Well, assuming you have a stock car, I’d be willing to bet that even though they recommend 91+ octane gas for best performance, that you can run 87 forever with no ill effects. Your performance will suffer though, due to the knock-sensor retarding the spark to the point where knocking doesn’t happen.
With super and turbochargers, often times high octane gas isn’t enough- that’s why they have intercoolers, water injection, etc…
That’s not why they designed those systems. They designed them for the occasional knock during normal operaion, not continuous beating the hell out of your engine. If you depend on them to save your car because you want to get gas on the cheap and they fail, BOOM! And then you’ll feel pretty stupid.
Those are for thermal efficiency, not combustion. The temperature of the forced air will have an effect on efficiency but little to no effect on detonation, which is what high-octane rated gas is designed to prevent.
Techron: Yes it is superior to other gas detergents. I pretty sure there is a thread from way back if you do a search. You can always just buy the additive in a auto parts store and add it to your gas twice a year. Chevron has a patent on polyether amines which is why other oil companies can not offer the same additive in their fuel.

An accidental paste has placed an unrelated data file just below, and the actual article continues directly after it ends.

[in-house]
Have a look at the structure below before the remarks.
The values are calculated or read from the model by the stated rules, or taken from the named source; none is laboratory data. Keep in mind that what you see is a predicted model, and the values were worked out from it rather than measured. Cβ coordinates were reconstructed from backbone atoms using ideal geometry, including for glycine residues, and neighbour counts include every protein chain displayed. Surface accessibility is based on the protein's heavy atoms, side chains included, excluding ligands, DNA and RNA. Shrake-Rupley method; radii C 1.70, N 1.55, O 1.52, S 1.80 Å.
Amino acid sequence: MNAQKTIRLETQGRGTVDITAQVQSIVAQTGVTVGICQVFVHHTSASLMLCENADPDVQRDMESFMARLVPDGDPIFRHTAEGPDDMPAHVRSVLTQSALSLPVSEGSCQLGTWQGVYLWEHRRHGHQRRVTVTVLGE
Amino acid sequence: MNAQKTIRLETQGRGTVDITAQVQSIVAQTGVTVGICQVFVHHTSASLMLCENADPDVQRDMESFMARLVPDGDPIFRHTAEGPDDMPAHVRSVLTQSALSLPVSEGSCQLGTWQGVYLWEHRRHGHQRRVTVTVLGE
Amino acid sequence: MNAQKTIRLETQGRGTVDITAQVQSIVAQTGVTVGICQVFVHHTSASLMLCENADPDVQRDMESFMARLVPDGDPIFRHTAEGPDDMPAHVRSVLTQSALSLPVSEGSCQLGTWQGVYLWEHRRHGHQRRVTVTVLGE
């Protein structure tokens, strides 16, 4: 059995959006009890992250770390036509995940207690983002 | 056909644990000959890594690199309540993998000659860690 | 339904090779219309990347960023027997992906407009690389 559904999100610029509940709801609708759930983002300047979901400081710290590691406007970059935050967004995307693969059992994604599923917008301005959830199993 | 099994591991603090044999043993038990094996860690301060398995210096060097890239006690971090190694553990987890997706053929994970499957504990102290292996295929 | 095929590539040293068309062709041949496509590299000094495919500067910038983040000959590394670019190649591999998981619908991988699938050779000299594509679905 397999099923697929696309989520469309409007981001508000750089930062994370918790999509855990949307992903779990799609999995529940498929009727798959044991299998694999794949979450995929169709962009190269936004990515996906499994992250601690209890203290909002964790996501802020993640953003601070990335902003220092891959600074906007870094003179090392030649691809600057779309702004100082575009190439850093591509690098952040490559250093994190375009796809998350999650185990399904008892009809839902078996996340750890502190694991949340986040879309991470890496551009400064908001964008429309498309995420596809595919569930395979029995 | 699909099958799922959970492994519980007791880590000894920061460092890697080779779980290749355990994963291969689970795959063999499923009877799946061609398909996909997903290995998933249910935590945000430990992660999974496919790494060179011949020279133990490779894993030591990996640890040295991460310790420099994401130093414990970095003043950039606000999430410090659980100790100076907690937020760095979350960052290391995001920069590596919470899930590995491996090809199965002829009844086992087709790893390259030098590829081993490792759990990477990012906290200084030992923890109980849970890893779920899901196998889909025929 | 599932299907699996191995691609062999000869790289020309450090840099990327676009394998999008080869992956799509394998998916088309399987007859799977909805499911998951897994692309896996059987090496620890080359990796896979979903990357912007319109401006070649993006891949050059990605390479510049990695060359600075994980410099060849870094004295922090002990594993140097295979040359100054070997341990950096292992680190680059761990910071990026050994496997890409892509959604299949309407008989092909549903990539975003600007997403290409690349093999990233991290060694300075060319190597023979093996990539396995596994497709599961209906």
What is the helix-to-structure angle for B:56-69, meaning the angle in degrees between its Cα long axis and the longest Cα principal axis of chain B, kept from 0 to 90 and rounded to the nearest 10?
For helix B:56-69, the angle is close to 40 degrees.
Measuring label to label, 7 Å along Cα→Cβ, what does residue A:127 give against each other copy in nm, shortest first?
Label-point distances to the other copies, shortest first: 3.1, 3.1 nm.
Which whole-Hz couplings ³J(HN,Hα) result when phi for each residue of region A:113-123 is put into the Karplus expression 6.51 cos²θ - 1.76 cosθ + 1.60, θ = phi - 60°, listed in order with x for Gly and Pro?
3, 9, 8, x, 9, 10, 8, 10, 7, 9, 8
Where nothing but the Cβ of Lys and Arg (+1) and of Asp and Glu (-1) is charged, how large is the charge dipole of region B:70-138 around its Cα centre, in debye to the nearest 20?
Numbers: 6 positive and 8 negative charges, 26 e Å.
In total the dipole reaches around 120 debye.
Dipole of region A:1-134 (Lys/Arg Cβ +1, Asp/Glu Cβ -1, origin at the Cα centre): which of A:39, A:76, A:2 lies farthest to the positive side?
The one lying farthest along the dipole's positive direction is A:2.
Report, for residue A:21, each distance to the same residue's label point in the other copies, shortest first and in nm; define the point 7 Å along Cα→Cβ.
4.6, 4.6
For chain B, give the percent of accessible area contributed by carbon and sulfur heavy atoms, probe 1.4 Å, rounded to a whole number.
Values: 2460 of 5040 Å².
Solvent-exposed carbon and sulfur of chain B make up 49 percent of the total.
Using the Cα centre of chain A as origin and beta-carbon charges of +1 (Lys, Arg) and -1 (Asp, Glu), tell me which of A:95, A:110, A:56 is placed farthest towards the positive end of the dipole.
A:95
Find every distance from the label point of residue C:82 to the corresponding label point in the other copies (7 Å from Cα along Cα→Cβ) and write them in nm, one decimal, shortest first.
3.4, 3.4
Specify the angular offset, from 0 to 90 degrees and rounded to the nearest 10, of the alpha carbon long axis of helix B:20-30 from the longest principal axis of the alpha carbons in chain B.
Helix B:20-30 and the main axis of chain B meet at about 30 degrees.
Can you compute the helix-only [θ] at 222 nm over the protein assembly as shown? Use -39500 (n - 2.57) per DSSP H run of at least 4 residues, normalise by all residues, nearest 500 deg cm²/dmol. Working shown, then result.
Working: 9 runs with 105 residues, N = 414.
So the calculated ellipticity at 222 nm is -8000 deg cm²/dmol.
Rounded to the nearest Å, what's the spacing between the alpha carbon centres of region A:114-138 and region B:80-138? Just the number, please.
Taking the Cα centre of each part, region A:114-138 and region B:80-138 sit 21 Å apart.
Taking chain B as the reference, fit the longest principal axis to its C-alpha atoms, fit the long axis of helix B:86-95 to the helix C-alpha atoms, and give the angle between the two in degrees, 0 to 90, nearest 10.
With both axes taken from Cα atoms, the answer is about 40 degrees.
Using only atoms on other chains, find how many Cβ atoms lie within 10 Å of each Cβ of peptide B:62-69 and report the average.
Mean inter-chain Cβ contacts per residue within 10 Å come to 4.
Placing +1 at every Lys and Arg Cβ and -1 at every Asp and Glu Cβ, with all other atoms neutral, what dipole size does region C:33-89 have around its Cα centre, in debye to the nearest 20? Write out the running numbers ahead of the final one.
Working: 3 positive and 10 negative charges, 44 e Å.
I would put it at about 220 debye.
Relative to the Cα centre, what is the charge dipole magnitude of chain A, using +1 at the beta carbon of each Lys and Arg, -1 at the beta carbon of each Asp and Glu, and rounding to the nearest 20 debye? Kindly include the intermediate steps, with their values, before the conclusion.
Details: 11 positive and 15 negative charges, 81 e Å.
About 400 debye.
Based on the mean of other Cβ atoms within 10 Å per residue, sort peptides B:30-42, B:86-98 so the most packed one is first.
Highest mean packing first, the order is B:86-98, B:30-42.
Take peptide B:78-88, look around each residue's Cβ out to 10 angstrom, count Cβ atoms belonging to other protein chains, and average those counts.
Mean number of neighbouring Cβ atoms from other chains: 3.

Lower grade gas: Read your manual. Most, if not all modern cars sense knock long before the point where it would do any damage to your engine. My 94 BMW recommends high octane fuel but allows low octane fuel with the only caveat that performance/effeciency may be less. No warranty issues despite some unsupported assertions in this thread.
And BTW, the temperature of the intake air definitely will affect detonation (as well as effeciency).
Sorry, but I gotta call CITE here.
Seeing as how my local filling stations have three count them three fill ports in the pavement. Also I have never seen this in any of my professional magizines in over 30 years in the auto business, my bullshit meter is pegged firmily in the red total bullshit zone. :dubious:
That’s something that he’d really have to check the owners’ manual for. My car line had anti-knock sensors added/adjusted for the 2001 model year for this very reason. All the pre-2001 guys have to put in 93. I usually put in 87. The manufacturer recommends 93, but says only performance will suffer a little bit with the 87. Really, I don’t notice any difference.